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Monday, 31 October 2011
Page: 12030


Ms JULIE BISHOP (CurtinDeputy Leader of the Opposition) (14:22): My question is to the Prime Minister. Given the damage that the Prime Minister must have known would occur to the travelling public as a result of what the government had been warned about at 2pm on Saturday, why did the Prime Minister not call the CEO of Qantas to see if the action could be averted? If she did not speak to the CEO of Qantas, has she spoken to union boss Tony Sheldon about this matter?

Ms GILLARD (LalorPrime Minister) (14:22): I can only assume from the nature of this questioning that the opposition have got up this morning and read the newspapers but they have not done anything else, because they appear to be referring to an incorrect report in today's newspapers that Alan Joyce himself has today corrected on the public record. Alan Joyce has verified today that he was not seeking to speak to me on Saturday afternoon, that he contacted the government for the purpose of advising the government of the decision of the Qantas board to ground flights at five o'clock. That is the circumstance here—as much as the game playing from the opposition continues.

The SPEAKER: Has the Prime Minister concluded? The Prime Minister has resumed her seat.

Ms Julie Bishop: Mr Speaker, on a point of order: I am not asking the Prime Minister about whether Alan Joyce called her; I am asking the Prime Minister why she did not call the CEO of Qantas and whether she has spoken to Tony Sheldon.

Honourable members interjecting

The SPEAKER: Order! The Prime Minister has the call. She will be heard in silence.

Ms GILLARD: They are all feisty in pursuit of Work Choices again. Let me make it very clear what happened on Saturday afternoon and very directly answer the Deputy Leader of the Opposition's question. Given her noted advocacy of Work Choices, I will make sure I do answer it. On Saturday afternoon, the government was advised by Qantas that it had determined to ground the planes. The advice from Qantas was crystal clear that they had made the determination to do so. They were not consulting with the government; they were not asking the government to do anything. They were grounding the planes at five o'clock—no ifs, no buts, no maybes; they were grounding the planes. In the face of that declaration by Qantas that they were grounding the planes, the government acted. Maybe the Leader of the Opposition would have spent days and days and days in talks as people were stranded around the country. I preferred to act. I did act and, as a result, industrial action is at an end.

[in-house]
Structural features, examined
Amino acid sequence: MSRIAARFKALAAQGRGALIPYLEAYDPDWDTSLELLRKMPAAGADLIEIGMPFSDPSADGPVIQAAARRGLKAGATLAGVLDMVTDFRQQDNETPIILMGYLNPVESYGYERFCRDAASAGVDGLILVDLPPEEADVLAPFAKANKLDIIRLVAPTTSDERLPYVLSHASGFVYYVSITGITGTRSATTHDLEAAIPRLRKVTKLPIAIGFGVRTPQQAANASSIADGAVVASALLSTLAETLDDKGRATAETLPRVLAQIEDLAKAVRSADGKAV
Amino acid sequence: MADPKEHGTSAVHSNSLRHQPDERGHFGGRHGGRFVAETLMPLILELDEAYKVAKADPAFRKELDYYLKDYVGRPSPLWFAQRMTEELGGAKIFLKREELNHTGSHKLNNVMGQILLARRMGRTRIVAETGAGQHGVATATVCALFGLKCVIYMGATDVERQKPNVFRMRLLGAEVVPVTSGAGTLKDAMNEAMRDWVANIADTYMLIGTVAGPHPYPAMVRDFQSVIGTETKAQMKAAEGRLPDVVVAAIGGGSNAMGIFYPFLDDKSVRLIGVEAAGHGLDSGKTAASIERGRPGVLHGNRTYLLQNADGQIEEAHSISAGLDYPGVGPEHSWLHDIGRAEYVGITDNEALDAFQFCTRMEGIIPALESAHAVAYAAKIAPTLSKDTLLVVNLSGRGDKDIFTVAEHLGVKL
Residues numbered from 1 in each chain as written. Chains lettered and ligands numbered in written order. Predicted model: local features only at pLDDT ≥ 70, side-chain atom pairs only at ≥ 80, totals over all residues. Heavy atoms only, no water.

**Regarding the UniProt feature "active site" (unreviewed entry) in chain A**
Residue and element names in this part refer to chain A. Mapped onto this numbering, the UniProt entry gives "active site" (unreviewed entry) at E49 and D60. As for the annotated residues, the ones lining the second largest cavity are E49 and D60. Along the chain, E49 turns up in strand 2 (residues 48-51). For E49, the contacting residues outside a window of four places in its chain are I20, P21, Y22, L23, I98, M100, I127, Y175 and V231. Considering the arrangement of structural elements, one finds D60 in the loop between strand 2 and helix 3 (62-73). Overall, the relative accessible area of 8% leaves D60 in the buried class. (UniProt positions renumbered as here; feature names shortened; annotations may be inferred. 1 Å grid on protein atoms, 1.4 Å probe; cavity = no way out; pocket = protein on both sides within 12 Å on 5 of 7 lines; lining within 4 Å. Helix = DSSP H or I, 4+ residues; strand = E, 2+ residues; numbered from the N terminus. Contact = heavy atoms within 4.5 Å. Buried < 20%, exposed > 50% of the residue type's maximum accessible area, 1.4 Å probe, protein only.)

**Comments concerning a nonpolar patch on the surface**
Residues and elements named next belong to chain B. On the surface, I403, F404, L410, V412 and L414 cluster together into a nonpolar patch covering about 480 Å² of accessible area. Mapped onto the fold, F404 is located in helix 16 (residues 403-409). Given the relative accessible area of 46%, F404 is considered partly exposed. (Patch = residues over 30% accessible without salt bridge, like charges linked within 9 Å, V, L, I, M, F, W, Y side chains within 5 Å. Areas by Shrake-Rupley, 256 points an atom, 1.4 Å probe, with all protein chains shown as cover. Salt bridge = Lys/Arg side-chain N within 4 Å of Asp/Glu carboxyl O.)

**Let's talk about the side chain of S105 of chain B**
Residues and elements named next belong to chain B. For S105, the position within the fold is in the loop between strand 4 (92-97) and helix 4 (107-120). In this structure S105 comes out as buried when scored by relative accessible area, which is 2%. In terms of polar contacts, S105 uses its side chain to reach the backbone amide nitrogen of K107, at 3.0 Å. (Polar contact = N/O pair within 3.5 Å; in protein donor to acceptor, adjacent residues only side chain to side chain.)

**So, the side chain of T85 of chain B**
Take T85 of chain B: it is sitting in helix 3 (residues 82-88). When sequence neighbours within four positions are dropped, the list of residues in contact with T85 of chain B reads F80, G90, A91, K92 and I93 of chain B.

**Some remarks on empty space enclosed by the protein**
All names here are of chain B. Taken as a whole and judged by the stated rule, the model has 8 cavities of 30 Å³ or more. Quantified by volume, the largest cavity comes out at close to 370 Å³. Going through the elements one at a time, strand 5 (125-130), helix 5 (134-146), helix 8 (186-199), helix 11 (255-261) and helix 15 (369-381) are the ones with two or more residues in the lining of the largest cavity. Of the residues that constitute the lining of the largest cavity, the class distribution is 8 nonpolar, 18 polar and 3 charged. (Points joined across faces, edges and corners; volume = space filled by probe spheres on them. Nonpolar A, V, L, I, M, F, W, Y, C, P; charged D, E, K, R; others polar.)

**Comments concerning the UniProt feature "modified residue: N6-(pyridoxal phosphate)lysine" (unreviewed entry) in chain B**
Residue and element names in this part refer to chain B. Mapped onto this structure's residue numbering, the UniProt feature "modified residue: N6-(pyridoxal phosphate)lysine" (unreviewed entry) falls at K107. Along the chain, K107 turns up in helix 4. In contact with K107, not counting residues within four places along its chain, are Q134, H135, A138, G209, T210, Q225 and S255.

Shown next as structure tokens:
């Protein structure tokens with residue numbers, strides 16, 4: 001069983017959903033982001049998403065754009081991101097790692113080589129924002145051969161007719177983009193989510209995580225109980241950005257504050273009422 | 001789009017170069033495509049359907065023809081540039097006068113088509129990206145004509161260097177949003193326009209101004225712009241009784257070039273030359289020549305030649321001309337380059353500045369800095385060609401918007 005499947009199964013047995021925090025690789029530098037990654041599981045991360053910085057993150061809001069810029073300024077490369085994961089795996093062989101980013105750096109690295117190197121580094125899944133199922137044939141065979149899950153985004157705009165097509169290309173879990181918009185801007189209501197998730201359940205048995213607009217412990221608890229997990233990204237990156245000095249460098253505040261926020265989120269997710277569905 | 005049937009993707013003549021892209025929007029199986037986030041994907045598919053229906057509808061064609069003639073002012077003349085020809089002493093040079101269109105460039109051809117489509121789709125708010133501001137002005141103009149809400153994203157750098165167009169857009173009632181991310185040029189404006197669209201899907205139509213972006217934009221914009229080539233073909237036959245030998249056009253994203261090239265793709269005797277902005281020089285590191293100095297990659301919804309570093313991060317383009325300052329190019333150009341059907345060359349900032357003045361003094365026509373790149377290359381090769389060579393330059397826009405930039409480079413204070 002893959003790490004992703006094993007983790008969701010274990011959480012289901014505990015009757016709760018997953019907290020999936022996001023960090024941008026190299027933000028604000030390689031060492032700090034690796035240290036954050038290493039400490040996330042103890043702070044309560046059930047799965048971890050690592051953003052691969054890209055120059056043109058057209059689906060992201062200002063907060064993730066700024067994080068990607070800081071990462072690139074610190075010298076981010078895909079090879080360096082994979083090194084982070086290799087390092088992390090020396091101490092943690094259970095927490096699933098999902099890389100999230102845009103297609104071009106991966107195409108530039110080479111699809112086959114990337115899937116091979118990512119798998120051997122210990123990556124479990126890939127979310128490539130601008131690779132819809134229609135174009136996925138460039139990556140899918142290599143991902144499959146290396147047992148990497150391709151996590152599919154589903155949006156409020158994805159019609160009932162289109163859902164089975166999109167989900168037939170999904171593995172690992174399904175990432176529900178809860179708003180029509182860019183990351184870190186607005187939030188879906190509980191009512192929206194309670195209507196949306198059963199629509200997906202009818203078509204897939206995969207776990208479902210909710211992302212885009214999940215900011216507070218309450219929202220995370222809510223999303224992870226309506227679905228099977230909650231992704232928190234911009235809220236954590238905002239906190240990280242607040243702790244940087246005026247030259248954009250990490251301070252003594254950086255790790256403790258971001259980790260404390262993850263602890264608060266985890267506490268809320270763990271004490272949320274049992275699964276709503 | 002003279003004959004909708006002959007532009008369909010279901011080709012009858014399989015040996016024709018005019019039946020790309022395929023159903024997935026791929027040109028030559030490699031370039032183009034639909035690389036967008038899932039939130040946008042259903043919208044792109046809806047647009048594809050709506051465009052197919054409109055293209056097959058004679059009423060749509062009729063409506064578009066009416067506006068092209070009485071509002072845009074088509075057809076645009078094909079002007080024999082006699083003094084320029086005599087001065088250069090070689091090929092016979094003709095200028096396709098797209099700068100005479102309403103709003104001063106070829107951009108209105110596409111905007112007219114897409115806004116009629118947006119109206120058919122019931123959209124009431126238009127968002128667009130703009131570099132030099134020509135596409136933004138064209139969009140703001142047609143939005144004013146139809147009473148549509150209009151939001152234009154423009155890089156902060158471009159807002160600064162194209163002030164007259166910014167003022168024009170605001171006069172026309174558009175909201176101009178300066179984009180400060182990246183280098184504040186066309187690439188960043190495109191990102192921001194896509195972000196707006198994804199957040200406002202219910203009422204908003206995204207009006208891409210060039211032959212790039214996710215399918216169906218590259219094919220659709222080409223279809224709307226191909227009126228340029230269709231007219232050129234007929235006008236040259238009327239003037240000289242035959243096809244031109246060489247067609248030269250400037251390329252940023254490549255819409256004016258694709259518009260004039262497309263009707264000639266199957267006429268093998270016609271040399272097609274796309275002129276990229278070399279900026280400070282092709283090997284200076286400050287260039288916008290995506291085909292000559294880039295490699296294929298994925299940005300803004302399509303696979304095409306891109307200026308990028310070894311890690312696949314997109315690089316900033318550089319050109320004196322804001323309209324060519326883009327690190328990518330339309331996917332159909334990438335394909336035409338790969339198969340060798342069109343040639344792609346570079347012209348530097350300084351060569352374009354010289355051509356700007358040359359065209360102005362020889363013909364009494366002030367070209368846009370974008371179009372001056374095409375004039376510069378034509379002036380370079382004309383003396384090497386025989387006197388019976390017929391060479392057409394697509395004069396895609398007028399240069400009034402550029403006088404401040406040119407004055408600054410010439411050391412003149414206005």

On the question of telephone calls to the industrial parties, I have today spoken to a number of the industrial parties and I have made it perfectly clear to them, including Alan Joyce—

Ms Julie Bishop interjecting

Ms GILLARD: and including Tony Sheldon—I thank the Deputy Leader of the Opposition—that my expectation and the expectation of the government, having successfully acted to end the industrial action and get Qantas planes back in the sky, is that the industrial parties now get around a table and get this dispute fixed. I say to those industrial parties, as I have said to them in those telephone calls and as I said not long before coming to question time at a media conference, I believe the obligation now rests equally on each of their shoulders to get around a table and get this dispute sorted. My predisposition when faced with the circumstances I saw on Saturday was to get it fixed and I have.